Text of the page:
We hear and talk about recovery a lot. Whether it’s physical, mental, emotional or spiritual etc. Recovery is a beacon of hope, the light at the end of the tunnel, or any other inspirational (and cheesy!) metaphors you wish to apply to it. The idea of recovery can be extremely motivating for those who suffer and bring hope to those on the sidelines. I don’t mean to imply that recovery is not a good thing. I wish it on us all. But what about those who don’t wish to recover? This is a question that baffles many. I’m often asked in a professional capacity how do we help those who won’t accept help? I hate the answer I give as it’s often that we can’t. People have to be willing to recover and to those of us trying to help it can be a mystery why people are resistant. To society it makes sense to want to recover, to end the pain, so why are some people hesitant?
Here I will draw on my own personal experience. I can’t answer for everyone and I won’t pretend to. Saying that, I do have an answer. Recovery can be scary. If we suffer for a long time we may lose who we are, our sense of independence, our identity may become subsumed by our illness. We become comfortable in who we are in the present. The thought of recovery, to me at least, was the unknown. Who was I on the other side of this suffering? Who was I without my depression? After many years of gradually having my identity chipped away I had lost myself. Someone once described depression to me as trying to walk or swim through treacle. I’ve heard similar descriptions from those with lived experience a number of times. I had become subsumed. I was dragged down by my illness until I had lost who I was. My mum said I had lost my spark. Friends noticed that there didn’t seem to be anything happening behind my eyes. To all intents and purposes I was gone. I no longer existed as the girl I had been for the past 16 years. Returning to me, re-inhabiting my life was a terrifying prospect. Who had I become over the past years? Who was I at the other end?
It wasn’t just the fear of who I would be that had me balking at the thought of recovery. I was also afraid of leaving my comfort zone. Over time depression had become where I was most comfortable. In my own little world I was almost entirely apathetic. I had withdrawn inside myself. I had no concerns about school or exams, although I had always been a high-achiever. I worried about friends and family but I wasn’t living in the real world enough to notice what was going on. There was very little thought process happening. From being someone who loved creativity, had a good group of friends and couldn’t wait for the next adventure my world had shrunk. I lived from day to day. My greatest challenge and achievement was making it through 24 hours. My only outlet at that time was poetry and I wrote it in heaps. That was my life. My writing and I. My negative thoughts and me. The idea of re-joining the world seemed implausible. There didn’t seem to be a way back. How could I re-enter reality? I had withdrawn within to protect myself as a defensive mechanism. How could I be expected to crawl out of my shell and reveal myself to the world? In my head I was opening myself up for attack, the fear of being vulnerable held me back.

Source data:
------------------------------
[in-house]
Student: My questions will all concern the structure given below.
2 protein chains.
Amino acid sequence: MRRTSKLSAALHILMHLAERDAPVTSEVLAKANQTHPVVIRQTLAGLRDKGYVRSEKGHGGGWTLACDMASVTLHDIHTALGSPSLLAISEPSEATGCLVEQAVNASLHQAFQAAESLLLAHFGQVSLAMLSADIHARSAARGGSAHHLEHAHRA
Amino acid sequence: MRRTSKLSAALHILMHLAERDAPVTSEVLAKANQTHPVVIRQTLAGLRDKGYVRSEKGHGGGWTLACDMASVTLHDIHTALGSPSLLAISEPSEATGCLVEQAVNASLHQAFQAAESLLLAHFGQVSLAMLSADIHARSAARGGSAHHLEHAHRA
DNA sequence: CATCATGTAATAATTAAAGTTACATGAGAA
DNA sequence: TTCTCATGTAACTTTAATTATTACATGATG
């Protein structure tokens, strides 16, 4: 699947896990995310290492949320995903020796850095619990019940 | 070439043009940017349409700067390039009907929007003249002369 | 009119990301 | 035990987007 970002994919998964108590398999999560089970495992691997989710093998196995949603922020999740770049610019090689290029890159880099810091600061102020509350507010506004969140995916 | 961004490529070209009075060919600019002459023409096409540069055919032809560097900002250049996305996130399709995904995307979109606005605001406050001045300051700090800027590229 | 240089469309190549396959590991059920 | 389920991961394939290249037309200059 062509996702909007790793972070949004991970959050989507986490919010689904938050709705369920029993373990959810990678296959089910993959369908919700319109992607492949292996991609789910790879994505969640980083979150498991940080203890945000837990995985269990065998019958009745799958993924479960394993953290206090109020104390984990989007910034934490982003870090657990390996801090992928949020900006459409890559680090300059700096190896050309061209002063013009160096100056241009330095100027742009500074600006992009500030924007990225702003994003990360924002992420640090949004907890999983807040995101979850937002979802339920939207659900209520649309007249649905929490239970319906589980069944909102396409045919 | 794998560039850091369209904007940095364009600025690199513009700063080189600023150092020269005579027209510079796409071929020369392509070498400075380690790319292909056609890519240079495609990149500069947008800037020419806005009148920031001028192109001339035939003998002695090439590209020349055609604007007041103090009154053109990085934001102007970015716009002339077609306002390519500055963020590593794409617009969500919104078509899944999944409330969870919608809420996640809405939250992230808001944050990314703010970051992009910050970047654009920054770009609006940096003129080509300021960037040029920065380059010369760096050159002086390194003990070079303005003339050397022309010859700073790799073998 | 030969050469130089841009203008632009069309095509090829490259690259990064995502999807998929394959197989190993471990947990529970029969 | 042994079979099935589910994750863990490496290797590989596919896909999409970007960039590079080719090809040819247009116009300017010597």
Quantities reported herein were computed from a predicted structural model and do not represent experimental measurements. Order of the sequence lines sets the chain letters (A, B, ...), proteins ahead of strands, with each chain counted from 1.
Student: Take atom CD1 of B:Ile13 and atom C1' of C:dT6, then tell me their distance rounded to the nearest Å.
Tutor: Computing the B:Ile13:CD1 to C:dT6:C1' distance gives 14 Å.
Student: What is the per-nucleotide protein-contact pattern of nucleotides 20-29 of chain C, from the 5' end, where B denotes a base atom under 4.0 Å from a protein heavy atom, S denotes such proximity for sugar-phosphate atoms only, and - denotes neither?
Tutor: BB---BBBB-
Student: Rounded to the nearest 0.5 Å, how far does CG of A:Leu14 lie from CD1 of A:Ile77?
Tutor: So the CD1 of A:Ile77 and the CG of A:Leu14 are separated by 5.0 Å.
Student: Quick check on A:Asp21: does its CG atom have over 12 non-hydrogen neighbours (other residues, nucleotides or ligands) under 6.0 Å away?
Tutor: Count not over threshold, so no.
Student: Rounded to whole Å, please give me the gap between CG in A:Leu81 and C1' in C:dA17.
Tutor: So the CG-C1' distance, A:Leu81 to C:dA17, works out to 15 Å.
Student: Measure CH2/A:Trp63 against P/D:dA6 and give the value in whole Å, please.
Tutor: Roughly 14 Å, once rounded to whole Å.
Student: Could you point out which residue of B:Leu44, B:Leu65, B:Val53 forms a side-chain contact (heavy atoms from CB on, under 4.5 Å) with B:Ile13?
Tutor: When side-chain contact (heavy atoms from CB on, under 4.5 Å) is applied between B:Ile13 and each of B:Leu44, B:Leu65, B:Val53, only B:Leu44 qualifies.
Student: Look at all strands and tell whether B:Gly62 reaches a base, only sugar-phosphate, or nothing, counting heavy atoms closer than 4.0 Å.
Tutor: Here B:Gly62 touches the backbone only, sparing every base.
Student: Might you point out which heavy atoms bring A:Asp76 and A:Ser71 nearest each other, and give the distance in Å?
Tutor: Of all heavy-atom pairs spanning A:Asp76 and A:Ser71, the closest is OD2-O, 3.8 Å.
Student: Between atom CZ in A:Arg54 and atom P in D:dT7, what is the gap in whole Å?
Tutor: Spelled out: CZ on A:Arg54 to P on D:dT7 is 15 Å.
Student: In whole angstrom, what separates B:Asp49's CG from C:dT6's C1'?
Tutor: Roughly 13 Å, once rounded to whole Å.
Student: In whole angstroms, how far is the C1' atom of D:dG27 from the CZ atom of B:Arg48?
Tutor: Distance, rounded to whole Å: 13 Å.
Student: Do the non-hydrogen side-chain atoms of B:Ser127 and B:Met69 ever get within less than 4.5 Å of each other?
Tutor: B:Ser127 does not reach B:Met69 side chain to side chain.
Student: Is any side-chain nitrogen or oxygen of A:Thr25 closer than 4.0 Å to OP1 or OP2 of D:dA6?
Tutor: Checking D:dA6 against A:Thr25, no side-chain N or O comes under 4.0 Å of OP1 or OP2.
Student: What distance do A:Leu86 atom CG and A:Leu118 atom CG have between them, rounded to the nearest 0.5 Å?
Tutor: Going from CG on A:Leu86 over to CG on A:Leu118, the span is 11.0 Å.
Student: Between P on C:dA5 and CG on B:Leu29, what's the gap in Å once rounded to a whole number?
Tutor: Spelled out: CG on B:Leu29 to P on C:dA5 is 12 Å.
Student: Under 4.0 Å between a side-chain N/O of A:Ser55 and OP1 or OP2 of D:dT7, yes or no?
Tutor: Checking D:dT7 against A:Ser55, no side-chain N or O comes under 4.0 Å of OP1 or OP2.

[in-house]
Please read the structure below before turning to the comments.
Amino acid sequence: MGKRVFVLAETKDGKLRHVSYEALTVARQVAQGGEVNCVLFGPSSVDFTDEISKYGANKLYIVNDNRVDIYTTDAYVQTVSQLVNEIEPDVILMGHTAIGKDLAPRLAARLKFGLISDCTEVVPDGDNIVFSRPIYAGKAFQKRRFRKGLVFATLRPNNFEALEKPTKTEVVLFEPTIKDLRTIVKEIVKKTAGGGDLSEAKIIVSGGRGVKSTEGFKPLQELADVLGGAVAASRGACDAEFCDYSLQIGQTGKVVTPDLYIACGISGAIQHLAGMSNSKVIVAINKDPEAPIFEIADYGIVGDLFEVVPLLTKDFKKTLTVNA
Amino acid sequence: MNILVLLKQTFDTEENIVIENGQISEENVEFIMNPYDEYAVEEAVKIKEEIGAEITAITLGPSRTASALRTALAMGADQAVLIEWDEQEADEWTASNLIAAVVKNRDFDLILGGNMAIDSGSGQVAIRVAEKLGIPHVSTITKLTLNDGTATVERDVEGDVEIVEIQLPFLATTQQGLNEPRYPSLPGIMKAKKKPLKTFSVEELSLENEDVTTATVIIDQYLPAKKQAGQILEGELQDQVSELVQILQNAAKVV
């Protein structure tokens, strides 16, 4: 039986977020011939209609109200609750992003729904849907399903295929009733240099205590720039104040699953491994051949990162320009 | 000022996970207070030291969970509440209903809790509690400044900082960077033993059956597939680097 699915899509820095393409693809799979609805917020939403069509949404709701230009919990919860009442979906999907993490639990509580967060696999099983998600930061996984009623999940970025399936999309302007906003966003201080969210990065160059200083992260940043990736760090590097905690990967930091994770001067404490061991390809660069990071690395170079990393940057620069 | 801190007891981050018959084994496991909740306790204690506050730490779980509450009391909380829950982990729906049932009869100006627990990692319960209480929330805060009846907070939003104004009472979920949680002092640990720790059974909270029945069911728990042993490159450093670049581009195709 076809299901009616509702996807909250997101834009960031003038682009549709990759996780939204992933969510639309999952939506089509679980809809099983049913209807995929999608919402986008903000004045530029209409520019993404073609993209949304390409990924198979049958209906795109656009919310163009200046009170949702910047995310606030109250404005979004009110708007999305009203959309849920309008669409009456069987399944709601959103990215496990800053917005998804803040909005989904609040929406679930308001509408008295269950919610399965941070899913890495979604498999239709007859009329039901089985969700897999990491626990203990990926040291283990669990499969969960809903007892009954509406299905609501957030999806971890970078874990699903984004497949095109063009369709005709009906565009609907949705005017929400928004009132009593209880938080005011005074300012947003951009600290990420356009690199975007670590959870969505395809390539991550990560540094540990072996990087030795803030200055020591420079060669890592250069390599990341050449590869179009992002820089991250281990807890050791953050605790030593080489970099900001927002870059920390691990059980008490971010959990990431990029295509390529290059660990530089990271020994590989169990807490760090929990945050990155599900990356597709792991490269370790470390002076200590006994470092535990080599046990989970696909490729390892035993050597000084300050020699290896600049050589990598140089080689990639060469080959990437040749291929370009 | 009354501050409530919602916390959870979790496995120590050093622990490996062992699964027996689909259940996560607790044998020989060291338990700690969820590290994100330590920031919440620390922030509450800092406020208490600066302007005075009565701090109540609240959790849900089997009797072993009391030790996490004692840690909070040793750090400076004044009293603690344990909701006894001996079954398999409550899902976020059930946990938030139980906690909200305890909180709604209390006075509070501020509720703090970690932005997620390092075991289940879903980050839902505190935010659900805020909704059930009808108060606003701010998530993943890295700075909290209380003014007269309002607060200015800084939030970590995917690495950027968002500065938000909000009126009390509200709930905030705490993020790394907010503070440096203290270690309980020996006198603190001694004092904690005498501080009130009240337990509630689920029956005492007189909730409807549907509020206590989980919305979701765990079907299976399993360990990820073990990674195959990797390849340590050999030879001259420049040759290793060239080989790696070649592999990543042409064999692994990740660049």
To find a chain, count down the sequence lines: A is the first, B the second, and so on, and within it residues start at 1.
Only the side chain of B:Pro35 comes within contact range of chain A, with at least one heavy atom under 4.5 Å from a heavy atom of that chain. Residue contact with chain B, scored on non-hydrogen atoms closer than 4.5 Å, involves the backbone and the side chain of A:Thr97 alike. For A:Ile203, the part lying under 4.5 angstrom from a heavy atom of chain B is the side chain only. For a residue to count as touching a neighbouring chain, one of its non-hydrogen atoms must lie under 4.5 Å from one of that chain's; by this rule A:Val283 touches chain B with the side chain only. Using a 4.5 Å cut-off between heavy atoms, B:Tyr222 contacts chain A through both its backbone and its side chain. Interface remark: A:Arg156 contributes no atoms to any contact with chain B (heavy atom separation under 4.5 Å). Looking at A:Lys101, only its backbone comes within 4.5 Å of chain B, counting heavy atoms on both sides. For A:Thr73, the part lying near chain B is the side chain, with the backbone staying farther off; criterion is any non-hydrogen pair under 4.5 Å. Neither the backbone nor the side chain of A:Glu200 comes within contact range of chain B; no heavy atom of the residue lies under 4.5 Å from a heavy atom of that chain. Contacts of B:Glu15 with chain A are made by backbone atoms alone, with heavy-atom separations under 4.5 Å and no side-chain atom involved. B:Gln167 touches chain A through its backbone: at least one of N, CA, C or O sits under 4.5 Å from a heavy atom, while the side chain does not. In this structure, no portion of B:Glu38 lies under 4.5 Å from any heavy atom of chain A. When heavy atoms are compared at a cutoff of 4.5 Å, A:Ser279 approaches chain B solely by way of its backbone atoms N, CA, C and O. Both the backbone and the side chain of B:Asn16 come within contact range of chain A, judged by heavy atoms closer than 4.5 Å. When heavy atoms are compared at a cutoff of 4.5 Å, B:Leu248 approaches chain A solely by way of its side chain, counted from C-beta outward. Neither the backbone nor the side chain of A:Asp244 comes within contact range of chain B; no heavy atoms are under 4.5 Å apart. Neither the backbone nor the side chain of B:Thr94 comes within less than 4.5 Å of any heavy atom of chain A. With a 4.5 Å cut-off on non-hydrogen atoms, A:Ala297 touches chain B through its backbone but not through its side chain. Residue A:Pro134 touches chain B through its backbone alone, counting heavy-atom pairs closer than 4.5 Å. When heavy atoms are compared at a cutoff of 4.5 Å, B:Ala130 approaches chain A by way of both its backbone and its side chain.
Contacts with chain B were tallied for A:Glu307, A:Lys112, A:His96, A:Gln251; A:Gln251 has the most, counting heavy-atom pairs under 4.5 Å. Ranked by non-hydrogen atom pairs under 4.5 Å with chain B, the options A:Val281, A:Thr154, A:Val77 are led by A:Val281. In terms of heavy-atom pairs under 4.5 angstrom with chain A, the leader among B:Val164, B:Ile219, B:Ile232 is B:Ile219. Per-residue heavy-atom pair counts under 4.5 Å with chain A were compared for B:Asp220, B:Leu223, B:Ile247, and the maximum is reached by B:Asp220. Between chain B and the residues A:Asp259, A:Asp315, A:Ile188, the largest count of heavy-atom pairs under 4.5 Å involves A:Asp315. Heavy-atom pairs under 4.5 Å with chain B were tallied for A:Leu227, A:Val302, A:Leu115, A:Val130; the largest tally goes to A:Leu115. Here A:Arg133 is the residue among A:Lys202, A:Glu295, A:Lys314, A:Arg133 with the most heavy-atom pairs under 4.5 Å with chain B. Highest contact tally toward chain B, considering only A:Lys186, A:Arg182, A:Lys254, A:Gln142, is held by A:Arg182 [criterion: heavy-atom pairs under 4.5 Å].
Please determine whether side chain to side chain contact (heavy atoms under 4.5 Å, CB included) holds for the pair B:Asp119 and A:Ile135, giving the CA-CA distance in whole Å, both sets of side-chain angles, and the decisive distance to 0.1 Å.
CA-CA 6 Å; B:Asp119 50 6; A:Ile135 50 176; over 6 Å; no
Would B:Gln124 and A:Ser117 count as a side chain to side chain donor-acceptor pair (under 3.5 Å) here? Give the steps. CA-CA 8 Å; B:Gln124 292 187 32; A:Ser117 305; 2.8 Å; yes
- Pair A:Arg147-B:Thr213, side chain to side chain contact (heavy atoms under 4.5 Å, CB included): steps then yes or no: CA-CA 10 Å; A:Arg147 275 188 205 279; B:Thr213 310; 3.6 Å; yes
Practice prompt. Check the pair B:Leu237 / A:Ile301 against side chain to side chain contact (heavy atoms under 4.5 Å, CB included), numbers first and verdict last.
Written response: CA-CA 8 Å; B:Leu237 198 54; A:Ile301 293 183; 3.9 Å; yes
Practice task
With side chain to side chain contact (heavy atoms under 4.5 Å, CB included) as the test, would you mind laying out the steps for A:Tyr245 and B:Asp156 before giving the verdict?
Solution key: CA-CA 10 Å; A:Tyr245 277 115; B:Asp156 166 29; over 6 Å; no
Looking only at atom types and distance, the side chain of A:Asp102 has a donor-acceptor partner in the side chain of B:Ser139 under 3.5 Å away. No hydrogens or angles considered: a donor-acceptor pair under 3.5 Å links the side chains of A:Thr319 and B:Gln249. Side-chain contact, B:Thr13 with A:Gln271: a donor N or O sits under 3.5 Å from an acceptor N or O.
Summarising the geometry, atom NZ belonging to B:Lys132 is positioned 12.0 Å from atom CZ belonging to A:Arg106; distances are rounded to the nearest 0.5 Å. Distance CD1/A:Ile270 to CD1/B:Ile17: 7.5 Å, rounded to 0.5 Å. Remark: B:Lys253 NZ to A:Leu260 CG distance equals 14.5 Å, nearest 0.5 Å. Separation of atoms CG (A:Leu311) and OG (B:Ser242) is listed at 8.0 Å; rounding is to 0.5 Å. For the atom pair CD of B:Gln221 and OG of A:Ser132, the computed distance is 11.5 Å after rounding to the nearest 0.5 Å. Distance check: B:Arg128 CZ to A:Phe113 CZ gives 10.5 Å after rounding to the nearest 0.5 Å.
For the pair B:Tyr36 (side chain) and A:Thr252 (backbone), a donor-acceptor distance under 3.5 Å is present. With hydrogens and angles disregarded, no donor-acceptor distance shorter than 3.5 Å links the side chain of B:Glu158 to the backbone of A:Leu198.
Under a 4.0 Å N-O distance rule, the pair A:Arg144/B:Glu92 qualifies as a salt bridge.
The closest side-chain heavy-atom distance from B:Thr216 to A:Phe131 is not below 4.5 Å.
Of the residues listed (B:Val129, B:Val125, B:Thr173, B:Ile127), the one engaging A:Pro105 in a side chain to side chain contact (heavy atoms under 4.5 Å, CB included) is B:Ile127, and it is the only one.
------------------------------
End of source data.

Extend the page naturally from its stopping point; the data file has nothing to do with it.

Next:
There was one last reason that recovery struck a chord of fear with me. It’s really a culmination of the two explanations above. I couldn’t open myself up again and I didn’t know who I would be because I had drifted so far from my path. People in my life had continued on the expected path; whether set out for them by others or by themselves. Growing up I’d had a rough idea of who I would be and I had been traveling along this road with my peers. Then illness struck and stole me away. Over time my friends had continued on the same path but I had veered wayward and had taken a roundabout route whilst they had gone on with the straight and narrow. How could I be accepted by them? They had had what I deemed a ‘normal’ teenage experience. They had done what they were supposed to. What I was supposed to do but I’d had a different experience which I felt I had barely survived. In my mind I could never go back. I could never fully be myself, return to the path I had trodden, knowing I had suffered so. Believing my friends and family could never accept me they way I was, how could I return to my former life and open myself up to that kind of rejection? It was an insurmountable obstacle.
With these fears rearing up at me I seemed to have good reasons to reject, to dismiss recovery. Life was easier protected by my depression. Recovery came despite my fears. I’m unsure how much I played a part in it but I came out the other end. As it turns out going back to who I had been was easier than I thought. Seemingly most people hadn’t realised what I was going through or were just glad to see the ‘real’ me back. My mum was overjoyed that my spark gradually returned. I’ve since learnt that my depression is a part of me. On occasion I still feel it here with me. Sometimes I can tap into it to understand others. Overall I think it’s made me a more empathetic and sensitive person. I’m still on my recovery journey but I believe we all are. Whatever has happened to us, life puts us through our paces. We’re all improving day-to-day. We’re all changing, hopefully for the better. This may not answer the question on why some are hesitant to recover. At the end of this blog it’s just the story of one girl’s recovery and until next time and the next it will continue.